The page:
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A photo of a surveillance device reportedly found in Ai Weiwei’s studio (photo by @aiww/Instagram)

“There’s always a surprise,” Chinese dissident artist Ai Weiwei wrote on Instagram yesterday, captioning a photograph of a surveillance device he found hidden in his studio after returning to Beijing from his first trip overseas in four years. For an artist who’s been under close watch by Chinese authorities since 2011, when he was first arrested at the Beijing airport on tax evasion charges, perhaps this news isn’t that much of a surprise.

“I’ve found a bunch of ‘bedbugs,’” the artist told human rights lawyer and friend Liu Xiaoyuan on Twitter. The listening devices were hidden in electrical sockets in a bedroom, living room, and office. Liu tweeted that they were discovered during a renovation of the studio and that they were likely placed there four years ago, during or after Ai’s 81-day detainment without charge following his arrest. Ai told CNN that the installation of the bugs could only have been a “professional job.”

A surveillance device reportedly found in Ai Weiwei’s studio (photo by @aiww/Instagram)

The artist has a long history of turning such Big Brother-esque surveillance tactics into art, perversely making the spying authorities his most valuable muse. In 2012, in a prescient piece marking the first anniversary of his arrest, Ai installed web cameras at his home and broadcast a 24-hour live feed of his activities on weiweicam.com. Not long after, he hung red paper lanterns from the surveillance cameras he found installed outside his apartment. In 2014, while still banned from traveling outside China, he remotely created installations for a large-scale exhibition on San Francisco’s Alcatraz Island, largely about freedom of expression. Several pieces featured quotes from privacy activist Edward Snowden (including “Privacy is a function of liberty”). And earlier this year he teamed up with WikiLeaks affiliate Jacob Appelbaum to create “Panda to Panda,” an installation of toy pandas stuffed with shredded Snowden documents and SD cards.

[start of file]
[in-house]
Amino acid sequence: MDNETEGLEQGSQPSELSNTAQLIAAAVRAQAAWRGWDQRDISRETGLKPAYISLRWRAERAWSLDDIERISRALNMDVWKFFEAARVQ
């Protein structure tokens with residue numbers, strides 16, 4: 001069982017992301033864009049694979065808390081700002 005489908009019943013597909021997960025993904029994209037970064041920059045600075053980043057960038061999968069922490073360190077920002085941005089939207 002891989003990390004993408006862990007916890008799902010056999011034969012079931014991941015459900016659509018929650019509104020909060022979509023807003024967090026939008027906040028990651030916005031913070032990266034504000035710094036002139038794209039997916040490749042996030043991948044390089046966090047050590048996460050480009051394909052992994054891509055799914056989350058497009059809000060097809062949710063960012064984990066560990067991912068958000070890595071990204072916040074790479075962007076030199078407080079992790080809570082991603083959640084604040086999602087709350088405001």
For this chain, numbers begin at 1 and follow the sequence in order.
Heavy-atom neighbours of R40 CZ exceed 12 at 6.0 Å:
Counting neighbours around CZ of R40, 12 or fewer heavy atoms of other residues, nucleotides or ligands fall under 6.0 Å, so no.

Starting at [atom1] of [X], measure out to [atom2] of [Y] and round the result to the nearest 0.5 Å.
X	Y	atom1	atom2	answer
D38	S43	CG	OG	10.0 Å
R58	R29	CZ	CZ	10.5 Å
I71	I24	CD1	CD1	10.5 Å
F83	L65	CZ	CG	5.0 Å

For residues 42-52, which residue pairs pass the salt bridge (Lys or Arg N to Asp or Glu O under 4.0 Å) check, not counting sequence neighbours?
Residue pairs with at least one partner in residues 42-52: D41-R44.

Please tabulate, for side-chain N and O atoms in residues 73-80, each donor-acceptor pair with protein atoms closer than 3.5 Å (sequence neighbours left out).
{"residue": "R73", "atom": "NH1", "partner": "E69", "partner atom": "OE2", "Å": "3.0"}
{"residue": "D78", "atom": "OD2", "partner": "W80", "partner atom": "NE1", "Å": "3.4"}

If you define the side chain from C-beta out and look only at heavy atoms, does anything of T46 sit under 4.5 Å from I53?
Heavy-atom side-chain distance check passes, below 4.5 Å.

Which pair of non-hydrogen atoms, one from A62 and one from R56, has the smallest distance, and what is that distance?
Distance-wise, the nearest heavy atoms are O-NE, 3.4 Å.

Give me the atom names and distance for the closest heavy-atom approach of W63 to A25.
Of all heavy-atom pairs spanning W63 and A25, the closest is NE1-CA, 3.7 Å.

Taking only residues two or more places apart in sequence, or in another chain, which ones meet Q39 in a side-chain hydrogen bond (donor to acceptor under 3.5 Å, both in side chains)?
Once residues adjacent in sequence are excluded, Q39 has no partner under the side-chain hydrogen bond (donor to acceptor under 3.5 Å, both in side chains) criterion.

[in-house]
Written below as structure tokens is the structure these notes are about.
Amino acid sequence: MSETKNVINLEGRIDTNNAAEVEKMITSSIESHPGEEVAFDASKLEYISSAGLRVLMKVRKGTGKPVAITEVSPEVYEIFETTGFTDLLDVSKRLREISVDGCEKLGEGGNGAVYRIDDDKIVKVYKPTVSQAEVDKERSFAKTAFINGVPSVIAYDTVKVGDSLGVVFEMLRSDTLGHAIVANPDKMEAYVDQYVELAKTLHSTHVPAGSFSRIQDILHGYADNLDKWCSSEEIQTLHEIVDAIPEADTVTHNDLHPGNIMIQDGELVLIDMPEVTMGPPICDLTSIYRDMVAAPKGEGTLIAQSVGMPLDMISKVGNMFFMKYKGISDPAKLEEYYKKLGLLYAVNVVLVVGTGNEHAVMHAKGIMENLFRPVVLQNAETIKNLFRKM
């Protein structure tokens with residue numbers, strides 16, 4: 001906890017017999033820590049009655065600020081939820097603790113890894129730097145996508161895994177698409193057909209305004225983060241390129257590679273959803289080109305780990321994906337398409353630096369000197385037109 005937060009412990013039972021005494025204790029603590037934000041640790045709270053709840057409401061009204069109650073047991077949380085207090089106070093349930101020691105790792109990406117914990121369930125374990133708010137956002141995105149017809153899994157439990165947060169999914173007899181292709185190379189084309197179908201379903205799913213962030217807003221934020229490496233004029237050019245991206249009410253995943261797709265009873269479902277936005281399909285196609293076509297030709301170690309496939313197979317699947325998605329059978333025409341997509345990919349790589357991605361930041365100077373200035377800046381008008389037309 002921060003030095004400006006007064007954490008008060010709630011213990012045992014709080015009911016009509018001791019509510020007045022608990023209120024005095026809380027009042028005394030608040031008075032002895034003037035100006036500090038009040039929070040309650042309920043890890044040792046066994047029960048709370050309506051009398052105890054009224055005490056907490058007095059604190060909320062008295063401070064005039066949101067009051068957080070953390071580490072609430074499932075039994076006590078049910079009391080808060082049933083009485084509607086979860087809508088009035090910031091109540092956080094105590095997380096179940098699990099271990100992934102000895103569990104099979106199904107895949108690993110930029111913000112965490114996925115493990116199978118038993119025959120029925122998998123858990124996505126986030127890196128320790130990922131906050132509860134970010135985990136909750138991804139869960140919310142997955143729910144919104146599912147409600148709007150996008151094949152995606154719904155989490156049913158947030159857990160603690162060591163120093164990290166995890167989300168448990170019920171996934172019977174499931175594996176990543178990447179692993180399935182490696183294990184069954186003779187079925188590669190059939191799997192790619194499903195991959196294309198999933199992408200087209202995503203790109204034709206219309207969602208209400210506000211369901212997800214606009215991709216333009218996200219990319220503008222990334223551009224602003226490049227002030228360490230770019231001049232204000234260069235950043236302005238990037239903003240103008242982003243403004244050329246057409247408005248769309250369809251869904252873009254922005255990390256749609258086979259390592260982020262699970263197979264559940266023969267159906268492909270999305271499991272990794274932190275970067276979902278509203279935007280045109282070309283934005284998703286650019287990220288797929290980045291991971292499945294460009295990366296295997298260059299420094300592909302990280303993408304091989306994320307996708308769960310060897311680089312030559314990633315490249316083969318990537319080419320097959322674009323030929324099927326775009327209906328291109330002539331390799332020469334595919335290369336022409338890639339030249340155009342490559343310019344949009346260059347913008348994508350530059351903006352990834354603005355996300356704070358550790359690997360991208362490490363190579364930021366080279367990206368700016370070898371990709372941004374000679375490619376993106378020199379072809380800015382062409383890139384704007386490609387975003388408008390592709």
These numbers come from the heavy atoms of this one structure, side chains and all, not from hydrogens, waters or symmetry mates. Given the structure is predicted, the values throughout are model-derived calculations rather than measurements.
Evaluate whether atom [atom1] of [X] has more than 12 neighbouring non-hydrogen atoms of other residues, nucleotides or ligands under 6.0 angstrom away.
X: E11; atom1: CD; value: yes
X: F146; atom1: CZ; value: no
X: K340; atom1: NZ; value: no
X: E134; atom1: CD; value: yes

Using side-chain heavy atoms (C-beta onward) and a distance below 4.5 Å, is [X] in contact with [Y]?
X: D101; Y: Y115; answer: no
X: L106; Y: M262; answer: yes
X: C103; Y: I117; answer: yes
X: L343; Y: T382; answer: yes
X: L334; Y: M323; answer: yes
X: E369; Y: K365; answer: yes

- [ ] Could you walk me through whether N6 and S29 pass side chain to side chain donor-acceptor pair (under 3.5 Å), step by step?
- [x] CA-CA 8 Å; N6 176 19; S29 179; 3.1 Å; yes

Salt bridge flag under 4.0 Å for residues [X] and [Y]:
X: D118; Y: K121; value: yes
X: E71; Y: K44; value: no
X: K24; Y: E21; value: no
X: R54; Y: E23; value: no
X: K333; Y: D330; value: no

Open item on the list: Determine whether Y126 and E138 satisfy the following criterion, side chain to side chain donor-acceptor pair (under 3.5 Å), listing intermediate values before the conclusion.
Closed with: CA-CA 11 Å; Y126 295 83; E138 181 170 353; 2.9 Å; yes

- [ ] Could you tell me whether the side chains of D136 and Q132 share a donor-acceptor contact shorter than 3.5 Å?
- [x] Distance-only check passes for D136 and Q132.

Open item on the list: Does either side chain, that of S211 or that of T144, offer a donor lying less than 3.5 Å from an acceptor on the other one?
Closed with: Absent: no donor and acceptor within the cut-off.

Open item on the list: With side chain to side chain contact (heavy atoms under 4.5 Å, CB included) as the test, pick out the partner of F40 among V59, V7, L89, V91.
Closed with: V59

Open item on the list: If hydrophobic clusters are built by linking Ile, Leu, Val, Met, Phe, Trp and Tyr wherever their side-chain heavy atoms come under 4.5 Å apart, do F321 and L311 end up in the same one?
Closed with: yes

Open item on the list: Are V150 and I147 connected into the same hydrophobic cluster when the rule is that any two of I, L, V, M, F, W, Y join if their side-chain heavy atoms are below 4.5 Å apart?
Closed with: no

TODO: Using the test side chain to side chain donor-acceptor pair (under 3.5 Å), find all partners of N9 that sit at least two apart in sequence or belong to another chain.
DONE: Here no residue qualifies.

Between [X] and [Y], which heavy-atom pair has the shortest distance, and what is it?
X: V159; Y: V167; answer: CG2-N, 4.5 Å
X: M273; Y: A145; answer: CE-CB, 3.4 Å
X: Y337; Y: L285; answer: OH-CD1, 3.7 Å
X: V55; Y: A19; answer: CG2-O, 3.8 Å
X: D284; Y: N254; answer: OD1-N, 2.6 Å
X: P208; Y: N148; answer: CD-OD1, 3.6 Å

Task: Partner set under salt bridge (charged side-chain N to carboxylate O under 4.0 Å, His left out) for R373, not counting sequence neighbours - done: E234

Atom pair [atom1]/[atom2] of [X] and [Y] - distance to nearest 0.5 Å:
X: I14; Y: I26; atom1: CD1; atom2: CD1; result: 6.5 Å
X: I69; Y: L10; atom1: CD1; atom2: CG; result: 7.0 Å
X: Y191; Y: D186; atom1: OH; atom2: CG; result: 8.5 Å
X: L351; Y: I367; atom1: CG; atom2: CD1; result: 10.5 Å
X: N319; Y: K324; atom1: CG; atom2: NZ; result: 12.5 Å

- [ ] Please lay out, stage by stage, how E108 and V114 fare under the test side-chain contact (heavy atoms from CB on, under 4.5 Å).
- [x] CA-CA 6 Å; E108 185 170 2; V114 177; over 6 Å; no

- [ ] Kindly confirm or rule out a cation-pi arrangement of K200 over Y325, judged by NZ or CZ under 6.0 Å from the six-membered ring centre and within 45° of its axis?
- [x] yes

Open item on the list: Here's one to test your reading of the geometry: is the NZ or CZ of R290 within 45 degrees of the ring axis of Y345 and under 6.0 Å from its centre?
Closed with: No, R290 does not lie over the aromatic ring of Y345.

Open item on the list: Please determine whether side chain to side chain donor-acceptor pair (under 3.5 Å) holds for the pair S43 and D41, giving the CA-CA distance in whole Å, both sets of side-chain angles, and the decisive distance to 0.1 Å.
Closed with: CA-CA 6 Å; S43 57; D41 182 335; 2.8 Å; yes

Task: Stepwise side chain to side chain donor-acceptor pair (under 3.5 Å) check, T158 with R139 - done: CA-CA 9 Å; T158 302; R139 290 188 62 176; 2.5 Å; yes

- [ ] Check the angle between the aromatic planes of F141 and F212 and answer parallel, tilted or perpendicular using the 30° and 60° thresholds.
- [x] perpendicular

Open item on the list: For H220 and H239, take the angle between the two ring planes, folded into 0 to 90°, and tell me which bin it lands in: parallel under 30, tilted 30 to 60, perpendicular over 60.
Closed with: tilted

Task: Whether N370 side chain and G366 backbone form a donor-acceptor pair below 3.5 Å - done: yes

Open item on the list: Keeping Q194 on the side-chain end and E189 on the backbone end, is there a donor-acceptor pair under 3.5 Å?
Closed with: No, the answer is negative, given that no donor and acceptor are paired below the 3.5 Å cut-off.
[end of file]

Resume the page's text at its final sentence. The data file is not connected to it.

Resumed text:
Such privacy-focused artworks are coupled with a relentless chronicling of the artist’s own life on Instagram, which is banned in China, but which people view through a virtual proxy network. By making his life totally transparent through social media, Ai aims to make the government’s constant surveillance of his activities seem almost redundant. With these newly discovered surveillance bugs, China’s security bureau has only given the artist more fodder for such commentary.

Since the Chinese authorities returned Ai’s passport to him in July, permitting him to travel outside the country for the first time in four years, he’s softened his criticism of the autocratic communist regime, dismaying many human rights activists. But he’s reacting to this most recent invasion of his privacy in typical maverick fashion. His cleverest response: an Instagram video of someone setting off a firecracker next to a surveillance device, captioned “Did you hear that?”

Carey Dunne

Carey Dunne is a Brooklyn-based writer covering arts and culture. Her work has appeared in The Guardian, The Baffler, The Village Voice, and elsewhere.